‘Arise Sheffield’, the initiative behind the prayer-walking, Easter card and egg distribution, involving over 150 churches, also suggested we put a colourful Easter poster in our windows. Since the artistic genes completely bypassed me, I decided to turn to my ten-year-old granddaughter for help. She was still being home-schooled although her younger sister had been allowed to return to school, so I thought she might be glad of an activity. As I expected, Isla produced a very suitable poster. I’ve put a smaller version of it above, but let me describe it as I see it.
The foreground is a green hill with a bare wooden cross. Behind the cross is the tomb, but it is not represented like a stone tomb, but rather as a rainbow. Well, I did ask her to make it colourful! She has also written ‘He is Alive’ underneath – twice and with 3 exclamation marks to make the point. I love it and I’ve had it displayed in my window since two weeks before Easter.
As I looked at it a few days ago, something struck me which I hadn’t noticed before, and which I expect hadn’t occurred to Isla. The poster depicts two covenants: the first and the last covenants which God made with people. God has always related to his people by covenant, by an agreement about their responsibilities and his response of blessing as they live up to them.
The first covenant was made with Noah when he came out of the Ark. Noah built an altar and sacrificed to God and, in response, God promised never again to destroy the world with a flood. Years later, God made a covenant with Abraham when he chose him to be the father of a special nation; next with Moses when the Israelites had been brought out of slavery and were given the Law to help them to live in obedience and relationship to God.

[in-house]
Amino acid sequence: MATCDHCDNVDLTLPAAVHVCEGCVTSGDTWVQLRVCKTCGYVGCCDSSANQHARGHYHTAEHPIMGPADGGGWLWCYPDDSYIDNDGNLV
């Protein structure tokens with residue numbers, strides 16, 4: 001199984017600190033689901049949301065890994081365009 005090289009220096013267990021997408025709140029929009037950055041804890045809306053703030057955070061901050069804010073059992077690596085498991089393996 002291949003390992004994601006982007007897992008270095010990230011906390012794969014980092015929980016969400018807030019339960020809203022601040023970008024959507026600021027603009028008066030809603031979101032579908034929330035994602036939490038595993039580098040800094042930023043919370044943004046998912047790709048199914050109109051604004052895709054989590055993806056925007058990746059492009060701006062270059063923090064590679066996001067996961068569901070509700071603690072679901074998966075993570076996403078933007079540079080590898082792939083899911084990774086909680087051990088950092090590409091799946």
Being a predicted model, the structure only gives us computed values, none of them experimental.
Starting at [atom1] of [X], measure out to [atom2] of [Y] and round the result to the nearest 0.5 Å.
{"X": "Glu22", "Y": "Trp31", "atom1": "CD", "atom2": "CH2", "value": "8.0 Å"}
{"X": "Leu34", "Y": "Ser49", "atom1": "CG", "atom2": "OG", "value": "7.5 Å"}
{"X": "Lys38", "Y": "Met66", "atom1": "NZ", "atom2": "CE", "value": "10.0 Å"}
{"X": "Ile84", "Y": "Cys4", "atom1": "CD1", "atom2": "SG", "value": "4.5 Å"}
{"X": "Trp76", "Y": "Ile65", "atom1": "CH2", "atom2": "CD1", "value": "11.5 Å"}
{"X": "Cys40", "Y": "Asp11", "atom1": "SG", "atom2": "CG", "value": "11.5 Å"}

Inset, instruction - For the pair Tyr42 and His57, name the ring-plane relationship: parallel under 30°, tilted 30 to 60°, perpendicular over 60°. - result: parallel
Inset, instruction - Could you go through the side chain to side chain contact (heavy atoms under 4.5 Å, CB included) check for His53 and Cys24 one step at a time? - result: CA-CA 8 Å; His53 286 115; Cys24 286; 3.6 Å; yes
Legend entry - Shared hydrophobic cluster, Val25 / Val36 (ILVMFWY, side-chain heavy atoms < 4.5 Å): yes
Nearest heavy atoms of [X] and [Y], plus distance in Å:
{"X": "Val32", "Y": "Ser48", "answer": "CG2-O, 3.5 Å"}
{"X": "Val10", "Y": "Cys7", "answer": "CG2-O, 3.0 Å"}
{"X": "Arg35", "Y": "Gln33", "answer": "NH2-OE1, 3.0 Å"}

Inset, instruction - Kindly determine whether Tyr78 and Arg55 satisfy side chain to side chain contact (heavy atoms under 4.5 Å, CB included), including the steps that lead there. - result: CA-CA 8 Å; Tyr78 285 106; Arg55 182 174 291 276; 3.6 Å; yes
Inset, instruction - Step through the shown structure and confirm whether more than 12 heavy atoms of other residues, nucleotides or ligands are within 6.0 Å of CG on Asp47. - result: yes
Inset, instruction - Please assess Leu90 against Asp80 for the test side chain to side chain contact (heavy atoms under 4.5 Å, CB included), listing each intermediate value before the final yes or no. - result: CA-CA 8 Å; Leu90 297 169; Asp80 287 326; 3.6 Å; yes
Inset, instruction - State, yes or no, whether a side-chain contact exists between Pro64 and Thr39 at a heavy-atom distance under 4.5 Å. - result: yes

Covenants always involved sacrifice and the one we have with God today is no different. Jesus died as our sacrifice that first Easter. As he shared bread and wine with his disciples the night before he was crucified, he said: “This cup is the new covenant in my blood which is poured out for you.” (Luke 22:20), words we remember as we celebrate Communion.
Today we live in the joy of a resurrected Saviour, in covenant with the One who was himself our sacrifice. That is truly a cause for celebration and colourful posters. Let’s rejoice in all Jesus has covenanted to us: his constant presence and an eternal home in heaven with him.